A day to dye for

Great excitement as we paused to do some geocaching on the long drive home from NW Tasmania the other day. It was such a glorious day after all the wind we have had we just had to get out of the car and do a short walk near the Table Cape Lighthouse.

But not only was the day wonderful – right near the geocache a patch of Weld was growing . This is a dye used by the Romans to make yellow (probably even earlier, but I think the references can be traced at least that far).

I brought some stems home, unfortunately the flowers were only just forming so the plant is a bit young for getting the best colour and definitely no seeds for me to plant some at home.

However, into the dye pot it went

I brought it up to simmering point then turned off the heat and let it steep until cool (overnight). Strained the dye out the next day and added an unmordanted pre-wetted skein of handspun. I brought this up to simmering and again let it steep overnight.

It’s not quite the yellow I imagined but there are so many variables involved it’s hard to make any conclusions – I think I’d start an analysis or long-term experiment with the season picked and then introduce some mordants.

But what is so exciting about this whole episode is that there is Weld growing in Tasmania. Our incredibly strict quarantine laws about bringing in plant material had left me thinking I’d never be able to experiment with these ancient dyes (except purchased in tincture or powder form). Now I just have to find some of this slightly closer to Hobart.

Note: For members of geocaching.com the cache is Cliffhanger

Spinning–an update

Last week some blogging friends of mine shared our thoughts on art. Quite serendipitously I came across the website of the contemporary artist, Anna Mlasowsky, who is using a spinning wheel to spin glass.

Photo from annamlasowsky.com

Do take the time to read her story and watch the short video of her spinning the glass. I get a sense that this is almost performance art not just a means to and end.

As for my own spinning endeavours, I’ve been flat out mainly doing things for other people.

Top left is merino (wool) blended with silk noils which give the yarn a beautiful soft texture. The skein is 1054m so it took quite a while to produce – off and on since last October. I’m not sure if I’ll keep this for myself yet or put it in the shop as is.

Top right are some of the batts which I’ve been preparing for the Guild’s “Give spinning a go” day.

Bottom right is going to turn into a horrible mess I’m sure. Janet Knoop proposed an experiment in an old technique for cleaning fleece using fermented suint. Read about it if you like otherwise imagine a horrible smell and move on.

Bottom left is one of the two skeins I recently spun for a Guild event we are going to at the Campbell Town Show. It was proposed that we spin and weave wool “in the grease” as part of the demonstration. Normally most of us would be using washed (and dyed) wool. But as this show is one of the oldest in the country the idea was to do it all there and then. Not possible. The two skeins which I have done too 40 hours of intense spinning and they will be used to warp the loom and start the weaving so that people will have something to see straight away. Together the two skeins measured 1.7 km which means there was 5.1 km of treadling involved.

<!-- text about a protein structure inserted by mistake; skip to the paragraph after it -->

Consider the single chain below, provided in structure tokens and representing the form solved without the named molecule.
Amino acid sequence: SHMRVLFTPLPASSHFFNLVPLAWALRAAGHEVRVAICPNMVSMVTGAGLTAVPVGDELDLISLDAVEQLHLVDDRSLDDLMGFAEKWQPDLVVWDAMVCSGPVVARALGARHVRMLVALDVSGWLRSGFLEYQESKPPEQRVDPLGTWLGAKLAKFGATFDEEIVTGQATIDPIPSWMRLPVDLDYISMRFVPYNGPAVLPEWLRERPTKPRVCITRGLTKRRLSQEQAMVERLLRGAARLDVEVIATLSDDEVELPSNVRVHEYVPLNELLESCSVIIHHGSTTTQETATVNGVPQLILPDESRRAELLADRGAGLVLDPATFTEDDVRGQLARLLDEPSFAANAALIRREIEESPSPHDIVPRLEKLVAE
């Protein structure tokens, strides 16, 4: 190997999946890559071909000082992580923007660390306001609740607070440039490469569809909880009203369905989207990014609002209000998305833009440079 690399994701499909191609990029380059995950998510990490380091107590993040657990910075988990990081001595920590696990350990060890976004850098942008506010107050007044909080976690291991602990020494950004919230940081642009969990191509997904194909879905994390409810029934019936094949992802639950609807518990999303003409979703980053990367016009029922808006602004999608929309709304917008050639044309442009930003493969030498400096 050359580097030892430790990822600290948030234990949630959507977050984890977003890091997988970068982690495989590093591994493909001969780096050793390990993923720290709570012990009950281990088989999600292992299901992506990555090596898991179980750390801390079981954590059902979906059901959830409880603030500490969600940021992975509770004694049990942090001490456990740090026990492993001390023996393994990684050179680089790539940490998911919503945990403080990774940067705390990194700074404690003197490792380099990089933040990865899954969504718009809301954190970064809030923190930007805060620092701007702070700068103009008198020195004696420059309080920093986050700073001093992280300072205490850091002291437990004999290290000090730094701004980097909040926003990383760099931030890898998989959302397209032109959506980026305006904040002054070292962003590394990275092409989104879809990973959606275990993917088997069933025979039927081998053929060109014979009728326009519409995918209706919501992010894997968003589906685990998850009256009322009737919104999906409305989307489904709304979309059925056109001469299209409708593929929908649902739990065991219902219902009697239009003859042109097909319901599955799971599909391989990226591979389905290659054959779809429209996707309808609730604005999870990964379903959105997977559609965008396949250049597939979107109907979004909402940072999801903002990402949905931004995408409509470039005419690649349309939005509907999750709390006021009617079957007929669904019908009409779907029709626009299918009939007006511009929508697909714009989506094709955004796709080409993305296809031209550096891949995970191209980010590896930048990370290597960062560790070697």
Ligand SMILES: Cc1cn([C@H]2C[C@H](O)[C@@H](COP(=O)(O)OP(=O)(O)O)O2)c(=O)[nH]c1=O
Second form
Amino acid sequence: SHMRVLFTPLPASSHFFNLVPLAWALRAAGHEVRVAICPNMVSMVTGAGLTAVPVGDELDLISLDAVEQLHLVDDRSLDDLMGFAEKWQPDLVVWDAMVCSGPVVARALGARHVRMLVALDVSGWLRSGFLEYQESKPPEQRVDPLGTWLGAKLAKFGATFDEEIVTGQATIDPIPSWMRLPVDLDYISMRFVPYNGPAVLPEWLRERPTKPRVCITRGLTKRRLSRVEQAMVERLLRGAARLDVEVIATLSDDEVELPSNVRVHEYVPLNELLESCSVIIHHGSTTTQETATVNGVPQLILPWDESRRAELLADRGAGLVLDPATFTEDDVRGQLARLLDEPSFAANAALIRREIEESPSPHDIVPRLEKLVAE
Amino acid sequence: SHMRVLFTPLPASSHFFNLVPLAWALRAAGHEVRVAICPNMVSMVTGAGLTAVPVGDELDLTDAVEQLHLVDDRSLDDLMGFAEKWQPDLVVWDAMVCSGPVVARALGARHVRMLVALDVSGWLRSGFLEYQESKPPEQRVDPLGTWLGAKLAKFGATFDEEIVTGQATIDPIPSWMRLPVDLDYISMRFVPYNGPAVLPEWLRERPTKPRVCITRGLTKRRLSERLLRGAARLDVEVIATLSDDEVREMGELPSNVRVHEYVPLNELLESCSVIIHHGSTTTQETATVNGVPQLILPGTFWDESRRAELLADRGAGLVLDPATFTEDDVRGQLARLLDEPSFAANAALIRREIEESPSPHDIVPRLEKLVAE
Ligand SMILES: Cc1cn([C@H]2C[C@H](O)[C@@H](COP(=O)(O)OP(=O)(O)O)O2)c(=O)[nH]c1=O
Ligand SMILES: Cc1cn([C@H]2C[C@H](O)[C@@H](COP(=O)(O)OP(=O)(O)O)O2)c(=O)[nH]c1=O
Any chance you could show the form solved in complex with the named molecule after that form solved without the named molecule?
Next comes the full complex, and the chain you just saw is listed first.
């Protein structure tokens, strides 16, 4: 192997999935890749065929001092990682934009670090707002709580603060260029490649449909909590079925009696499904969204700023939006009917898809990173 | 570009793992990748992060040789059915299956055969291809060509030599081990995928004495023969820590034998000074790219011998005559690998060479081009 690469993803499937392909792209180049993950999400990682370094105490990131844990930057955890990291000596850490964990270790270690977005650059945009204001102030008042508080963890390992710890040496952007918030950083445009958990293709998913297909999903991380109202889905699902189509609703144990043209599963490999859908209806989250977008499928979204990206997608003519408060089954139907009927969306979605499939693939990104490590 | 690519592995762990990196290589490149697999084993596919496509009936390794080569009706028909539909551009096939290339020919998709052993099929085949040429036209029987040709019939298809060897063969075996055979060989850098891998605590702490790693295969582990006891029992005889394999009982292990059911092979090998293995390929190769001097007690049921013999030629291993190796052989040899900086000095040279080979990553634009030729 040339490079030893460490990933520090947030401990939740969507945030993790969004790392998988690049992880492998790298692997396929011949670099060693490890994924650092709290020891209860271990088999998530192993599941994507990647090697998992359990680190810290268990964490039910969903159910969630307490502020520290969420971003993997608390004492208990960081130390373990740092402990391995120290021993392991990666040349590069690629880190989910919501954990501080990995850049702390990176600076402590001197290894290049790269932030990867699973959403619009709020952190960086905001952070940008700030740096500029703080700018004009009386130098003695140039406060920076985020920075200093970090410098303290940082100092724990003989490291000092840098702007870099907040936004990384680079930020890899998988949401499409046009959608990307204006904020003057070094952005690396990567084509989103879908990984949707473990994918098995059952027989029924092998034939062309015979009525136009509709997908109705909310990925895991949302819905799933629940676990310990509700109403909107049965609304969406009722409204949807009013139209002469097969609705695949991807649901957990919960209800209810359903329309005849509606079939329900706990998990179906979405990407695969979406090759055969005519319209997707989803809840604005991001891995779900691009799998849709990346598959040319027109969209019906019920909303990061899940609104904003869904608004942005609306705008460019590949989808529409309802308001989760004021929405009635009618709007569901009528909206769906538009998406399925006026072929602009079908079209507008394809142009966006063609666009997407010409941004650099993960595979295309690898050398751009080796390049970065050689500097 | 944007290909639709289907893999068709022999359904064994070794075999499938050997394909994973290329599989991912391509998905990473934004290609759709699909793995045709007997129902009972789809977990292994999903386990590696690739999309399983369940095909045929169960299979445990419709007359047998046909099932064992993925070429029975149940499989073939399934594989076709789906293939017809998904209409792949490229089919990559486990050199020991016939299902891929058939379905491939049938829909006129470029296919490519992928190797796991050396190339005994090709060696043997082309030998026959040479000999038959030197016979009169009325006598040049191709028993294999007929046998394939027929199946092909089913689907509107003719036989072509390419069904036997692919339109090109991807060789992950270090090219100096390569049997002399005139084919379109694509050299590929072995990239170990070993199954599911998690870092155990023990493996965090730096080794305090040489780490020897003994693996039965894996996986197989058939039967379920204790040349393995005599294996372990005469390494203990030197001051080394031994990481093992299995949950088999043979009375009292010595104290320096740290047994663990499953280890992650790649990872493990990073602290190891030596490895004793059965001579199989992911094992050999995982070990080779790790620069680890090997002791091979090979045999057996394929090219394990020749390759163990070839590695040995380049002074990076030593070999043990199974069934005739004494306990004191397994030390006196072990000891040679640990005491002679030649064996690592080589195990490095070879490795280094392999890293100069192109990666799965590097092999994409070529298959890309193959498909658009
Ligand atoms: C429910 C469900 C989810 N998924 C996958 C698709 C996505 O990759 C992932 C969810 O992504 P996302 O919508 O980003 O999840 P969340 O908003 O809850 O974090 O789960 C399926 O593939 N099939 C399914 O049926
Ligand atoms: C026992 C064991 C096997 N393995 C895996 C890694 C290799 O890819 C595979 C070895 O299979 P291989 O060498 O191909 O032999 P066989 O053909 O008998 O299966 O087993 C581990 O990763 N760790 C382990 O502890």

Oh yes – and writing of course. I’ve been working on some flash fiction as it fills in the gaps nicely between all the other activities.

A (cliched) metaphor

My life looks a bit like that at the moment.I want to shout and stamp my feet and generally rant  – “It’s not my fault!”, “The cat did it!”, “Why can’t I sort this out?” “Why! Why! Why!”I know perfectly well why. It was my choice, I put the ball of yarn down near the floor in a basket where my (usually) delightful cat could see it. And get to it. And drag it out in the middle of the night. And play with it.

There are two ways I can solve this little problem, and getting rid of the cat is not one of them. I could be destructive and pull and tug and create knots which I will never be rid of. I could also get the scissors out and cut all the tangles and leave myself with short bits everywhere, unsuitable for their original purpose. Both approaches destroy the yarn and lead to regrets I’d rather not have. After all I spun this for a purpose and if I ruin it now my shawl will never get finished.

The constructive way through this mess is the slow, patient way. Taking care to undo the threads before they become knotted beyond redemption. I know I can do this  – I’ve done this before, you see – I try to learn from past mistakes, but not always successfully.

The metaphor should be pretty clear – my life is full of tangled threads. Several unfinished projects, including the shawl, numerous commitments to as many organisations and a desire to get on with my own life – whatever that may mean. So applying the weaving lesson to my life means extricating myself from the various roles I have in organisations and allowing myself to be an “ordinary” member for a change. I will be finishing off these large projects currently lying around the house, so that the equipment can be stored or sold. If I simply dropped these things – threw up my hands and said – “No more! Time to move on!” I know I would regret it. I know that because I’ve also learned that lesson about myself.

So this time I’m trying a different way. I’m no longer interpreting the current wisdom which proclaims:  “Make the time. Do it now. You have to make a choice”, as meaning right now, this very instant. I am making the time, I am doing it now, but slowly, gradually, not rushing my changes. I’m designing and spinning (and weaving) a life with the threads as I want them.

I’d love you to share with me how do you make changes in your life? Do you find it easy? Do you have a metaphor for your life right now?

Tops or Roving? Part 2

OK – now I’ve had a big, long think about this, I decided I’ve asked the wrong question. I should have asked: What is the difference between the tops and sliver? Or even roving and sliver? And is it any different in Australia? And who cares anyway?